Why integrating mental health with primary care is so critical
Integrating people’s mental health with their primary care is increasingly vital to better overall health outcomes for patients of all ages. Untreated mental illness reduces Americans’ ability to get the physical health care they need. People with depression often struggle to motivate themselves to go to doctors’ offices, even if treatment is available once they get there. Indeed, depression remains the world’s leading cause of disability.
Thankfully, policymakers are starting to surround this issue in a productive and bipartisan way, which is welcome news to those of us on the front lines of primary care; we have seen how the mental health crisis has become especially acute during the pandemic.
President Joe Biden spotlighted mental health in his March 1 State of the Union address. He spoke eloquently about the national mental health crisis and steps needed to address it right away and his remarks are part of a bipartisan effort to address the issue. Last summer, the top Democrat and Republican on the Senate Finance Committee, which oversees Medicare, released a Request for Information to help develop legislation addressing barriers to mental health services.
It is exciting to see two branches of government and leaders from both political parties giving these issues the attention they deserve and more than 300 stakeholders submitted their views to the Finance Committee, including Oak Street Health. As one of the country’s leading implementers of the behavioral health collaborative care model — which integrates the work of primary care providers and mental health professionals to treat the whole patient — Oak Street is prepared to help providers and policy makers across the country and on both sides of the aisle learn about what works for patients.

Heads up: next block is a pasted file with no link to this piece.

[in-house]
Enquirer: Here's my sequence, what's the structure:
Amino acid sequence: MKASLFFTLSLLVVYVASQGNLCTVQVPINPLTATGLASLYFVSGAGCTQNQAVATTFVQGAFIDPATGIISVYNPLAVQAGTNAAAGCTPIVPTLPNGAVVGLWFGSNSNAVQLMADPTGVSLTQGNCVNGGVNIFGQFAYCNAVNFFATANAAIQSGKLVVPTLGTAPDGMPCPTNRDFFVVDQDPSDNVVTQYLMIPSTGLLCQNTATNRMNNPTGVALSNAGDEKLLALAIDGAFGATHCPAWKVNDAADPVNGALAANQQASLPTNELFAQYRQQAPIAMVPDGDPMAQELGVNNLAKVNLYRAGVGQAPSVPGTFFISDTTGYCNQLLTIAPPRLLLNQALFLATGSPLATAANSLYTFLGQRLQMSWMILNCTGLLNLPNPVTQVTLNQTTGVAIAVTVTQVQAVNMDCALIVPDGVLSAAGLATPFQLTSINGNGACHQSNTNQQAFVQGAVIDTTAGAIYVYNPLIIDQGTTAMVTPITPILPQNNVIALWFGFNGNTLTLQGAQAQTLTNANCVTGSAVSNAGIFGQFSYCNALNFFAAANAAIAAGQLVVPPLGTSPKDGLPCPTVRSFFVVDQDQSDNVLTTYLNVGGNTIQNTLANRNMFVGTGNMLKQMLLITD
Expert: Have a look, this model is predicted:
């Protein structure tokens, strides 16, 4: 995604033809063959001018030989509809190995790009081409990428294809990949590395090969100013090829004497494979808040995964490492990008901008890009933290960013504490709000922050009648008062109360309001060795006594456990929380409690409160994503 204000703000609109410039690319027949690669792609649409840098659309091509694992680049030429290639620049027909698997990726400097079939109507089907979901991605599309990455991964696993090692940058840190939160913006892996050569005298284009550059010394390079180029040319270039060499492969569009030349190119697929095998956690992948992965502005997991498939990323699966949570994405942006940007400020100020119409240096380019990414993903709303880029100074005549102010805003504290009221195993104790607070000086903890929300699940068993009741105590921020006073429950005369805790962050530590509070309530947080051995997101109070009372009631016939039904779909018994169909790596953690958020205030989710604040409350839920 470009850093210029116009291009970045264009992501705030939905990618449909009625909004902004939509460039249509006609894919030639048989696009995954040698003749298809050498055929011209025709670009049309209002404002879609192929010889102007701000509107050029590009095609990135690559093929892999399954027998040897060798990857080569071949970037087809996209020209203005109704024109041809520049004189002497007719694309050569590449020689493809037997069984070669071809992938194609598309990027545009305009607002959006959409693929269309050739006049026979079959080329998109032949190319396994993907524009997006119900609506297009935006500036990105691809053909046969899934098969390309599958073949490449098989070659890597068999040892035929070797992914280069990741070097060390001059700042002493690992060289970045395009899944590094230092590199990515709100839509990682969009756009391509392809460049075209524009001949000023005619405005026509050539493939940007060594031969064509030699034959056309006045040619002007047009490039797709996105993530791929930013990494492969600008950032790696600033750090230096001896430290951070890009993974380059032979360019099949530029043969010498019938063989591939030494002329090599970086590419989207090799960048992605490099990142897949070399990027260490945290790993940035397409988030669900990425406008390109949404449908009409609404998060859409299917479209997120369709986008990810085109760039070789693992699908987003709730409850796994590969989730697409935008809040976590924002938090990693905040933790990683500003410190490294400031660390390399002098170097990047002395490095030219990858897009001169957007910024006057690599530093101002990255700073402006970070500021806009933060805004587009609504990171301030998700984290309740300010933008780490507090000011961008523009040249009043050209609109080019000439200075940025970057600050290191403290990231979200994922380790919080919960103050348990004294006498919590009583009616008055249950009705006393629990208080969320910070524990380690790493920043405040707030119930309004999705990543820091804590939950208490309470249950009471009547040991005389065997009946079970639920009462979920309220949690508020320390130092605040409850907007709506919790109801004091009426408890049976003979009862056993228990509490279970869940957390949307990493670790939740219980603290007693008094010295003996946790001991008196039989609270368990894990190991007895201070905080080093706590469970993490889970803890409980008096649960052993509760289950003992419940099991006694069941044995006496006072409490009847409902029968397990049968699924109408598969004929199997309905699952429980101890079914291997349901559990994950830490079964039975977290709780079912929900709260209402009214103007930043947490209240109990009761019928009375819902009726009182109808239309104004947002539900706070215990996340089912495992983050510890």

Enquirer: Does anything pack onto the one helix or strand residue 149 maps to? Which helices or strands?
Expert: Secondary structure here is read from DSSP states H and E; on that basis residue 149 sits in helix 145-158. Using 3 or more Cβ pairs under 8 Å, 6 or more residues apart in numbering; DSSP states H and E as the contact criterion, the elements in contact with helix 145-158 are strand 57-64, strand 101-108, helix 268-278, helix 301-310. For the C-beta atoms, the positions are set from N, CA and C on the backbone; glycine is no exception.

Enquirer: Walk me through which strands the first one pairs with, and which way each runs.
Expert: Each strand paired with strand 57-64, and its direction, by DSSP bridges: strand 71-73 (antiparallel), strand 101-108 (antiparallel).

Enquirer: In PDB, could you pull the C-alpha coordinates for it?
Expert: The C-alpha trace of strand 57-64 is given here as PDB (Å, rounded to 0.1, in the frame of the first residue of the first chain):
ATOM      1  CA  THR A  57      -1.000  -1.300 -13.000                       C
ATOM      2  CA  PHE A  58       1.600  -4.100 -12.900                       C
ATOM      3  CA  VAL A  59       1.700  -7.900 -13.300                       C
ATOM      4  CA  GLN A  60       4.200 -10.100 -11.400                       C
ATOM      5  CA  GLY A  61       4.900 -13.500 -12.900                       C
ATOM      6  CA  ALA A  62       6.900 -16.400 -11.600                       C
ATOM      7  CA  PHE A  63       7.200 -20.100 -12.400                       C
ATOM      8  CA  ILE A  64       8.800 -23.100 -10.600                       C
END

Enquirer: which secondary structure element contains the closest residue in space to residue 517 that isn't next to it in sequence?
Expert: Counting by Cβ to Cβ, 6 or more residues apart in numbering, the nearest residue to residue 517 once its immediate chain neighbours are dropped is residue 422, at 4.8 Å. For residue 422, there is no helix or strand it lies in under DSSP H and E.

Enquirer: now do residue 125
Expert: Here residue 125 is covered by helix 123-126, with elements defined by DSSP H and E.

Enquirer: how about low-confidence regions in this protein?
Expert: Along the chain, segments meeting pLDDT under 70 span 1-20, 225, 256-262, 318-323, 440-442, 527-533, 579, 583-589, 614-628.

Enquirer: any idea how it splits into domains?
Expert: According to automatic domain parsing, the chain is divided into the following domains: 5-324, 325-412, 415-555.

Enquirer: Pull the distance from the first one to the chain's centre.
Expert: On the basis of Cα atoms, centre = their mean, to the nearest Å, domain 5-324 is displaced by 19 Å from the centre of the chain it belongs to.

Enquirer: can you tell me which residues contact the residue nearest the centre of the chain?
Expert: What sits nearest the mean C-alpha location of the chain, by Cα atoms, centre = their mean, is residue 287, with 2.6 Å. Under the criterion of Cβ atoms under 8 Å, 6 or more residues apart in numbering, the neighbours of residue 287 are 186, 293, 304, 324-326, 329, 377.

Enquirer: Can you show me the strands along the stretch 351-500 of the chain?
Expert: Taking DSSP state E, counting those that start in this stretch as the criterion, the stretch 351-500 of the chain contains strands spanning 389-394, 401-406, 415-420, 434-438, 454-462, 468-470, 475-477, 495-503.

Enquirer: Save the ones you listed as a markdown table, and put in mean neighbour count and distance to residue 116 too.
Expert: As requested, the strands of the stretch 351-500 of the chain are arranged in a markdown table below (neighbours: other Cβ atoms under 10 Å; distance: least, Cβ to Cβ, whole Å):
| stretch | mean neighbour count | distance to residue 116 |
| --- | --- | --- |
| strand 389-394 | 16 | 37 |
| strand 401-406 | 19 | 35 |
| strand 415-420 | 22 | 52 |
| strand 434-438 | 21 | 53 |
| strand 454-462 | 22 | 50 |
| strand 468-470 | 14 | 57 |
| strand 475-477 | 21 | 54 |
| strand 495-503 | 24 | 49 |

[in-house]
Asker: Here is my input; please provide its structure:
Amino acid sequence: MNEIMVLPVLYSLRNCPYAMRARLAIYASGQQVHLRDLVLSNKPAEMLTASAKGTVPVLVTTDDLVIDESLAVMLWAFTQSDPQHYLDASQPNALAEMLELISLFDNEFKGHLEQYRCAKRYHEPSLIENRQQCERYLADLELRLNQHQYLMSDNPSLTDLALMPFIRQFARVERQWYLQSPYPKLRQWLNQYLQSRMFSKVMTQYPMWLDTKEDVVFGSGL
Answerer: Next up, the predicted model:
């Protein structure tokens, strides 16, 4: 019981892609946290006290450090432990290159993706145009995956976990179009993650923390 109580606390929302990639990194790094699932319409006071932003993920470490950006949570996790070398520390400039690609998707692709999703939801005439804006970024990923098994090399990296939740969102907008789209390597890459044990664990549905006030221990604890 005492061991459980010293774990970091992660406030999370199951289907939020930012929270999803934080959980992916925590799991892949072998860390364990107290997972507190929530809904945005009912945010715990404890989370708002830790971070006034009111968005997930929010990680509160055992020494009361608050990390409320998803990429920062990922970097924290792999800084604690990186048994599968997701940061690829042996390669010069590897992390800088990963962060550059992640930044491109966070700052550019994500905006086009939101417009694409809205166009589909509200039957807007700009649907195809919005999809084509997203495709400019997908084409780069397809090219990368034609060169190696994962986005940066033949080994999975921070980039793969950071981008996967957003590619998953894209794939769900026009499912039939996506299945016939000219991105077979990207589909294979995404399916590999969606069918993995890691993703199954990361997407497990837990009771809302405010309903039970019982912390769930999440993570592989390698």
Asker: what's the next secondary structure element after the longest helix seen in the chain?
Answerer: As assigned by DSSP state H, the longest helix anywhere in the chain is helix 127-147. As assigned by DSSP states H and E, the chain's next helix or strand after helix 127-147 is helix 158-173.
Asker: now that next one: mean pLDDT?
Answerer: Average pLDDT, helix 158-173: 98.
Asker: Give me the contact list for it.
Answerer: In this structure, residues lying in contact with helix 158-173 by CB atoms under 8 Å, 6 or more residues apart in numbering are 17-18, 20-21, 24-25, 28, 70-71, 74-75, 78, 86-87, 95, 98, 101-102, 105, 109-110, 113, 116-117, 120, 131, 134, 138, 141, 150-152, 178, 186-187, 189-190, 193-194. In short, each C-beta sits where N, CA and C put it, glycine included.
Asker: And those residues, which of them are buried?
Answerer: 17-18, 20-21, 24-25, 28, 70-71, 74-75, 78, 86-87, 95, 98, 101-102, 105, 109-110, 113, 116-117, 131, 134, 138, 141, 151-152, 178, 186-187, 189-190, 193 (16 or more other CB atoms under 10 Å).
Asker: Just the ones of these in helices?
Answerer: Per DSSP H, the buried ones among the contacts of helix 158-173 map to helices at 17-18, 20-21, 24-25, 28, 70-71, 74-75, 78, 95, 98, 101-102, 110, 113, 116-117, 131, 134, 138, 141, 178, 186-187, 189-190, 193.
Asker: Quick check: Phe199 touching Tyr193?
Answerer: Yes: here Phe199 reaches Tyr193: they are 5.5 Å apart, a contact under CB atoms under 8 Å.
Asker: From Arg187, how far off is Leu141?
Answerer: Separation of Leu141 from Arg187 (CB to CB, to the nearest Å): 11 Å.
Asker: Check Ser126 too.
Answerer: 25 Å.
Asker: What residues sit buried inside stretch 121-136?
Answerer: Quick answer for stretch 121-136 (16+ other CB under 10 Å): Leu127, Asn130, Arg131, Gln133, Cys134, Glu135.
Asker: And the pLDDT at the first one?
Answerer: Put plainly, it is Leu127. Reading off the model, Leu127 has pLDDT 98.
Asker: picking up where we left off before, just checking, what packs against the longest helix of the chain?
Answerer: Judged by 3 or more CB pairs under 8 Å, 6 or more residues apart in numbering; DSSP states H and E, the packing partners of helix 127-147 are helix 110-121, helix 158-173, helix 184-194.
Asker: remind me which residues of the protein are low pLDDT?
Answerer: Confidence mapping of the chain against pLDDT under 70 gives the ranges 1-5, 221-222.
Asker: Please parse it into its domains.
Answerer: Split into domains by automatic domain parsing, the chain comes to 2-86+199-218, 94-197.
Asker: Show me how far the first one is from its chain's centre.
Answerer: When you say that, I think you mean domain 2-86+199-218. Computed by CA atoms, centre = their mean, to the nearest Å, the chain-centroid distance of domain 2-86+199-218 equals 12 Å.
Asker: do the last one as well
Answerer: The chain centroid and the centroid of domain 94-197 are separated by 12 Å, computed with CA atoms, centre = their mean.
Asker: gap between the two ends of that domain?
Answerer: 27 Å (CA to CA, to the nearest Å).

According to the Centers for Disease Control and Prevention, 50 percent of the population will receive a mental health diagnosis during their lifetimes. The Commonwealth Fund estimates that “about 1 in 4 Medicare beneficiaries have mental illness.” Many Americans experience generalized anxiety disorder, post-traumatic stress disorder, loneliness and grief. A new study published in The Lancet links serious COVID-19 illness to long term adverse symptoms in individuals’ mental health. As a provider of primary care in 20 states, Oak Street is already on the front lines of this very real crisis.
One of the president’s proposals is to integrate mental health and substance abuse treatment into primary care settings. Oak Street is already doing that with great results. By screening almost all of our patients for behavioral health needs, we have found that about 60 percent might benefit from these services, which is about 10 percentage points above the CDC estimate. But by integrating mental health with primary care via the Collaborative Care Model, we have seen individuals respond to treatment within six weeks and demonstrate sustained improvement at six months.
This approach works because the team engages in measurement-based care with timely medical and behavioral health interventions. Our value-based, fully capitated model — in which quality outcomes matter more than the volume of services – allows us to respond successfully to our patients’ needs.
Oak Street Health makes it possible for every patient who needs behavioral health services to get effective quality care quickly. Working with an experienced leadership team, our providers are able to address systemic care gaps and produce high quality outcomes, including beating by 24 percentage points the reduction of depressive symptoms versus traditional behavioral health care models. We achieve this success through five programmatic goals: